Sadie teaches us that no matter what your condition is, your life is so worth living to the fullest.

In the spring of 2012, a small group of people out for an afternoon hike in the mountains of Kentucky stumbled across a seriously wounded dog. She had a bullet hole between her eyes, and another in her back, and had clearly been abandoned and left to die. She was barely clinging on to life, but had refused to give up.

The hikers knew there was little time to spare. They were able to safely transport the dog to a nearby veterinarian where she was stabilized. Once out of danger, she was sent to a local no-kill shelter in Wisconsin to await adoption. There, she crossed paths with Joal Derse Dauer, a native Wisconsinite who has had a passion for animals since she was a child.

Joal was visiting the shelter to donate some blankets, something she often did, when she first met this special dog, named Sadie. “As I was walking out, I saw her and asked what her story was. I was curious because even though her head was hanging down, I thought she was beautiful. At the time, though, I had no intentions of adopting another animal because I already had three at home.”

Once Joal heard Sadie’s horrific tale, however, her heart sank and she knew she had to do something.

“I asked if I could take her to a veterinarian, and I was told I could as long as I paid for it,” Joal says. “So off we went.”

The first vet Joal took Sadie to did some x-rays and confirmed that bullets were still lodged in her back and between her eyes. She was told Sadie would need a cart to get around. The second vet they went to told Joal that Sadie was incontinent and that the “right” thing to do would be to have her euthanized.

“I have had dogs my whole life and have never had one like her.”

Joal refused to accept this because she saw something in the little dog she just couldn’t let go of. She was determined to do whatever she could to help Sadie. So she brought her home that night, and set up a comfortable space in the garage where Sadie could rest.

Joal’s next visit was to holistic veterinarian Dr. Jodie Gruentstern at the Animal Doctor Holistic Veterinary Complex in Muskego. There, Joal was assured that everything would be done to give Sadie the life she most definitely deserved.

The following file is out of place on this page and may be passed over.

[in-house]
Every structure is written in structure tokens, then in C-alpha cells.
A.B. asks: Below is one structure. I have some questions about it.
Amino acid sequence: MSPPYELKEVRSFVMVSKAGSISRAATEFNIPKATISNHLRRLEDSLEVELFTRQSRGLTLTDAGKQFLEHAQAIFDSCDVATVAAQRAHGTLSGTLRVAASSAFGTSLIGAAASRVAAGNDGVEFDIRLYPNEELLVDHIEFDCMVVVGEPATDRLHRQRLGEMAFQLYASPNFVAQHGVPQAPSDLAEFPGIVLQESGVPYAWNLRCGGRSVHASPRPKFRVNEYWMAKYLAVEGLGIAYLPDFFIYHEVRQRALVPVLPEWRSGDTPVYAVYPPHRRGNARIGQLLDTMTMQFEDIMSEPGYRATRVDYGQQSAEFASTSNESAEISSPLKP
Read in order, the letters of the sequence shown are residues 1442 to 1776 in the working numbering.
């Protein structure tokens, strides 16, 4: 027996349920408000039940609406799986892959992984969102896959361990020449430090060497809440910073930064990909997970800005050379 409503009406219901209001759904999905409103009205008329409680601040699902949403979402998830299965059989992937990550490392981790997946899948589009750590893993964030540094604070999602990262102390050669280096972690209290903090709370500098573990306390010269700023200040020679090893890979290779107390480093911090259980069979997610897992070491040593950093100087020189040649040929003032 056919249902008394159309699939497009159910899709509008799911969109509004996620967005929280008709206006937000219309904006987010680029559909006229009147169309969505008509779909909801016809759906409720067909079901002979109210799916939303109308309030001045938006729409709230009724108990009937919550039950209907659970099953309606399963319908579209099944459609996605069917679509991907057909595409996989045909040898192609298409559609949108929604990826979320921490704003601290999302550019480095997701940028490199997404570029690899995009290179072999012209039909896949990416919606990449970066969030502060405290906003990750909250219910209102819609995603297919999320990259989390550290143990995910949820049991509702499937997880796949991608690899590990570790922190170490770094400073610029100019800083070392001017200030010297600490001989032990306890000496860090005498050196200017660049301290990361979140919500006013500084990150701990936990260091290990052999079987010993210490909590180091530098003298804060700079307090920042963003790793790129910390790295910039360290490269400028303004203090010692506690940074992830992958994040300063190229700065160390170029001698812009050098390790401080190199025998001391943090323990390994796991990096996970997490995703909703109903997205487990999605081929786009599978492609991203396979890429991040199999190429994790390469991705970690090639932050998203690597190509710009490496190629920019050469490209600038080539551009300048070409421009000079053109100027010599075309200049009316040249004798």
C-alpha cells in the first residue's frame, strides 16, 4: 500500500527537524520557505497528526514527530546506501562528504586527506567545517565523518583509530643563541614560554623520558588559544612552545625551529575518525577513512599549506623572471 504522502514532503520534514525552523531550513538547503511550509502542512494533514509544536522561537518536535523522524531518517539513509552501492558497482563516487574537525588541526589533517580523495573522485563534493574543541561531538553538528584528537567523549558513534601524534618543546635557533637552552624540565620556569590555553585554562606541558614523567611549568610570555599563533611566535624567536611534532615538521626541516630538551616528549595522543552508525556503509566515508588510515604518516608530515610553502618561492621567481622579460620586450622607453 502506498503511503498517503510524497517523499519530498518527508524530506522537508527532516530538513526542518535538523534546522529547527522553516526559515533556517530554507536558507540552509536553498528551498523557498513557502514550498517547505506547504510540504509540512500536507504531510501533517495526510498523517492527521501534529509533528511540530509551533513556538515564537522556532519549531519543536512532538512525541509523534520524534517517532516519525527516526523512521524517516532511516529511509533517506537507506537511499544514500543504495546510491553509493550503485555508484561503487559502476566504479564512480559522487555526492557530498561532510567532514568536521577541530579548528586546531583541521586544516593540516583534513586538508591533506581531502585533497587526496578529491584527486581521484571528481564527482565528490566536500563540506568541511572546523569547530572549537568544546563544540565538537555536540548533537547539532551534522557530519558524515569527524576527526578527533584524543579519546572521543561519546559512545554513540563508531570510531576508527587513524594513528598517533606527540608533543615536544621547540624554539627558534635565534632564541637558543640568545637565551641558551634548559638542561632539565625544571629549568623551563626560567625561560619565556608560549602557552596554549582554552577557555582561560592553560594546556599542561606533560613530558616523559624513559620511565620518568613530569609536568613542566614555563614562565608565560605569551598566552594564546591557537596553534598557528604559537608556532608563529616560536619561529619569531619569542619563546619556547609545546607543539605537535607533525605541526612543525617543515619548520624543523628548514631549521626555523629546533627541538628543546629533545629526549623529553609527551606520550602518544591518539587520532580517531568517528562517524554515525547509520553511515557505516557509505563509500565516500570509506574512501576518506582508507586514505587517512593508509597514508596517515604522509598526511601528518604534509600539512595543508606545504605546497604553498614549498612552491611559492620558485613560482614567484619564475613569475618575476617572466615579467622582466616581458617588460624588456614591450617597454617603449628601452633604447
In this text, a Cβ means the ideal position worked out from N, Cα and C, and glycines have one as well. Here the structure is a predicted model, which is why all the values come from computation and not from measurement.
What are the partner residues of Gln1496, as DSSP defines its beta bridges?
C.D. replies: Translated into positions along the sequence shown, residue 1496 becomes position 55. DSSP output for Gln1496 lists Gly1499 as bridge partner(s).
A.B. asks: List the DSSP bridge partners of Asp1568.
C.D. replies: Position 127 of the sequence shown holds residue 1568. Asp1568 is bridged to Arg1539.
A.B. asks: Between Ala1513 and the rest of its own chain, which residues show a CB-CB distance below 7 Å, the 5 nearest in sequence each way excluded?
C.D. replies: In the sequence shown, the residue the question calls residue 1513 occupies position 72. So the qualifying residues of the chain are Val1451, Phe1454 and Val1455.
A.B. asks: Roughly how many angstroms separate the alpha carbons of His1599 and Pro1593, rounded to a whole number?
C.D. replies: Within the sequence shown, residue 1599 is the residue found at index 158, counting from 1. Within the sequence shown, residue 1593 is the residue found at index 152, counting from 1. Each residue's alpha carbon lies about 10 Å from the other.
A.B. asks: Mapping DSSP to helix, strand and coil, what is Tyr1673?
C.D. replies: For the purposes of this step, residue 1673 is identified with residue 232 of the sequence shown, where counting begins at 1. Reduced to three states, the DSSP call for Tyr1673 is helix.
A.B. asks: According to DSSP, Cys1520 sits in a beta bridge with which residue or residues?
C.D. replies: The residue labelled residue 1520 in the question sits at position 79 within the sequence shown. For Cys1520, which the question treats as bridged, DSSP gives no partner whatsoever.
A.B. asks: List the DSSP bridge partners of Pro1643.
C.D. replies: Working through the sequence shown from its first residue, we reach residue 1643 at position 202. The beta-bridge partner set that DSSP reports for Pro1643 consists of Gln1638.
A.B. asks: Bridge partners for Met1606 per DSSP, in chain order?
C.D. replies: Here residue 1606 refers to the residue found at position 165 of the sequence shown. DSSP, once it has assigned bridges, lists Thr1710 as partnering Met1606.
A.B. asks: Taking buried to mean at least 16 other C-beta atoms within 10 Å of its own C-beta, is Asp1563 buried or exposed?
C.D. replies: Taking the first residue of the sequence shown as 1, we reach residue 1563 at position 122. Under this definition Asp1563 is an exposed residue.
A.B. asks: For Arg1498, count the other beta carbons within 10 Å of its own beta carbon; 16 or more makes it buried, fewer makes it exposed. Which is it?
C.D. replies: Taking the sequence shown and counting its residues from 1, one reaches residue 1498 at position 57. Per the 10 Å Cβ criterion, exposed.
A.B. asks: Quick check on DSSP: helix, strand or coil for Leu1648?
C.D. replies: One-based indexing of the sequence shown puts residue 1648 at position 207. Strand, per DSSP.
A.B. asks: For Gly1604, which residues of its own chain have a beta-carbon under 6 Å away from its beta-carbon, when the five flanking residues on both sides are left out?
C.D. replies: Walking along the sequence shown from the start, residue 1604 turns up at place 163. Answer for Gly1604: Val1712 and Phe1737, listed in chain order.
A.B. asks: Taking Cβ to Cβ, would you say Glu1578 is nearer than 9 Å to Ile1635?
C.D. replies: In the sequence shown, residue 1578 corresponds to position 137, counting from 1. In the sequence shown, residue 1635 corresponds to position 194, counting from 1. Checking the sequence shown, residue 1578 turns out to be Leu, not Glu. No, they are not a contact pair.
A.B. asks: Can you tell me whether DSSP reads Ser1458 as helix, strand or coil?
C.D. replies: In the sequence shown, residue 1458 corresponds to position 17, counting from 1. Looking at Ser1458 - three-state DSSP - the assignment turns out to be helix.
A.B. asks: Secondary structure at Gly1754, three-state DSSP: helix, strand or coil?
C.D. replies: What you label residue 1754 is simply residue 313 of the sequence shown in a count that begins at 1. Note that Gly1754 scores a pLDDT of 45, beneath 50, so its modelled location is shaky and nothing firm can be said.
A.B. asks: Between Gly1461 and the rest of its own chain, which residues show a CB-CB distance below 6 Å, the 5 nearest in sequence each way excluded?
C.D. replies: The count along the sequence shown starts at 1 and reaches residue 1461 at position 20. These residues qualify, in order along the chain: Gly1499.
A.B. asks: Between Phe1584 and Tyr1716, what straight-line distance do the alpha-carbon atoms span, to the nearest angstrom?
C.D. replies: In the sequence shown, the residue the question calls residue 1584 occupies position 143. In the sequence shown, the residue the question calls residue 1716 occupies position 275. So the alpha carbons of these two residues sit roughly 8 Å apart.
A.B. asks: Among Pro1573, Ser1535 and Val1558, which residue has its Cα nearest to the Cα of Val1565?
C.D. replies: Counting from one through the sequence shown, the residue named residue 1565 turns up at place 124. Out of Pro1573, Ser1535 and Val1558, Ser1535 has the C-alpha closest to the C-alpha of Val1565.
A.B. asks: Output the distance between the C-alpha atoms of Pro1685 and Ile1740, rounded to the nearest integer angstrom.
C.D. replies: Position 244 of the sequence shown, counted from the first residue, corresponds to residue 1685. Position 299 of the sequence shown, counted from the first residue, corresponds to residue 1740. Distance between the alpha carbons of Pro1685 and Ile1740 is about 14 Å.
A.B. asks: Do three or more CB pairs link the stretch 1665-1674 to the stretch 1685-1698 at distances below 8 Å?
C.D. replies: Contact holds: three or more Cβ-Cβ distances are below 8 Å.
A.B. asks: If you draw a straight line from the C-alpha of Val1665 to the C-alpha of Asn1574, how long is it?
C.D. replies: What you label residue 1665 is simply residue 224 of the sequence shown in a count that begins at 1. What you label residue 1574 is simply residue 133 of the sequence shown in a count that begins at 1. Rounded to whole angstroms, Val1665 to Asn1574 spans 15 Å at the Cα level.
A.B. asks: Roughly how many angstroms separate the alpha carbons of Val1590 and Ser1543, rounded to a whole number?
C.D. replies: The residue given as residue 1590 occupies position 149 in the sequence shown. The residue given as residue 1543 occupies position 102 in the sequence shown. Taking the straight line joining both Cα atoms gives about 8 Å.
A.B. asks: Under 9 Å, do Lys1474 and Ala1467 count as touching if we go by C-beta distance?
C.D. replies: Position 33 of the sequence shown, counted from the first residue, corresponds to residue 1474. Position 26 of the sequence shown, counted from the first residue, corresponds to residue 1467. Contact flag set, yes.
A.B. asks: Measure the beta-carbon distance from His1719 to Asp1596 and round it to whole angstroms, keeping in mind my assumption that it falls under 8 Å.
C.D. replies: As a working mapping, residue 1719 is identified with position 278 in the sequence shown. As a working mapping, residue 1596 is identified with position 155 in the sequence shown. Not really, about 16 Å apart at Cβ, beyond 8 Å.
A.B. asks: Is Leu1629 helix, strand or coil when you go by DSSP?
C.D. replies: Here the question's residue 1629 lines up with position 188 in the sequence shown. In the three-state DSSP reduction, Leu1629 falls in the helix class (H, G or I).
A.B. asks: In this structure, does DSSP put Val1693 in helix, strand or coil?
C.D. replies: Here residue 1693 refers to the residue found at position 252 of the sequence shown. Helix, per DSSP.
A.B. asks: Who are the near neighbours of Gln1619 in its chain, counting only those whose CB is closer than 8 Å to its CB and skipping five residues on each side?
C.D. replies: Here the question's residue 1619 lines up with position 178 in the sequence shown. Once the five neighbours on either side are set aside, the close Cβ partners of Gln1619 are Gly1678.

“Sadie received every therapy known to man,” says Joal, adding that the dog’s treatments included acupuncture, aquapuncture, cranial sacral therapy, chiropractic, laser therapy, Power Plate sessions (whole body vibration), and infrared therapy.sadie 2

Four years later, Sadie still receives regular therapy and is living a happy life full of love and care. Because the bullets and shrapnel are too deeply embedded in her brain and body to remove, she doesn’t walk like other dogs, but this doesn’t dampen her spirits. In fact, she has a definite purpose in life, says Joal, who travels with her canine friend on a mission to raise awareness of animal abuse, and to teach people about accepting those with special needs, both human and animal.

“We help the people we meet in nursing homes, schools and libraries to think about what they can do and not what they can’t do, just as Sadie does,” Joal explains.

“Sadie teaches us that no matter what your condition is, your life is so worth living to the fullest.”

Despite her tragic background, Sadie is a sweet and loving dog with a huge personality. “She can do high-tens over her head and she recently taught me how to howl,” Joal laughs. Sadie loves children and has no problem with hundreds of them lining up to pet her during an event. According to Joal, children in wheelchairs especially love Sadie because they are able to relate to her.

“We met one older boy named Todd who was in a wheelchair and also visually impaired,” Joan explains. “It seemed he was just ‘stuck’ so I moved Sadie over to him. The person with him put Todd’s hand on Sadie and we heard actual sounds coming out of the boy’s mouth. Not words, but sounds. Todd actually felt something through Sadie.”

A true “media darling”, Sadie has been featured in newspapers and on radio and TV, and has even had a presence at the Golden Globes and Academy Awards. She is also co-author of her own children’s book, Sadie and the Superstars.

And that’s not all. Sadie is a Peer Ambassa-Dog with Generations Against Bullying, an organization that helps people understand that the scars left from bullying last a lifetime. Sadie’s story illustrates the fact that animals need someone to stand up for them because they have no voice, just as children who are bullied need someone to stand up for them too.

Last but not least, Sadie’s full life story will become available in print with the release of Saving Sadie — How a Dog That No One Wanted Inspired the World, to be published by Kensington/Citadel in September of 2017.

“I have had dogs my whole life and have never had one like Sadie,” Joal says. “From day one, she has taught me to savor every moment of every day. Sadie was saved for a reason!”

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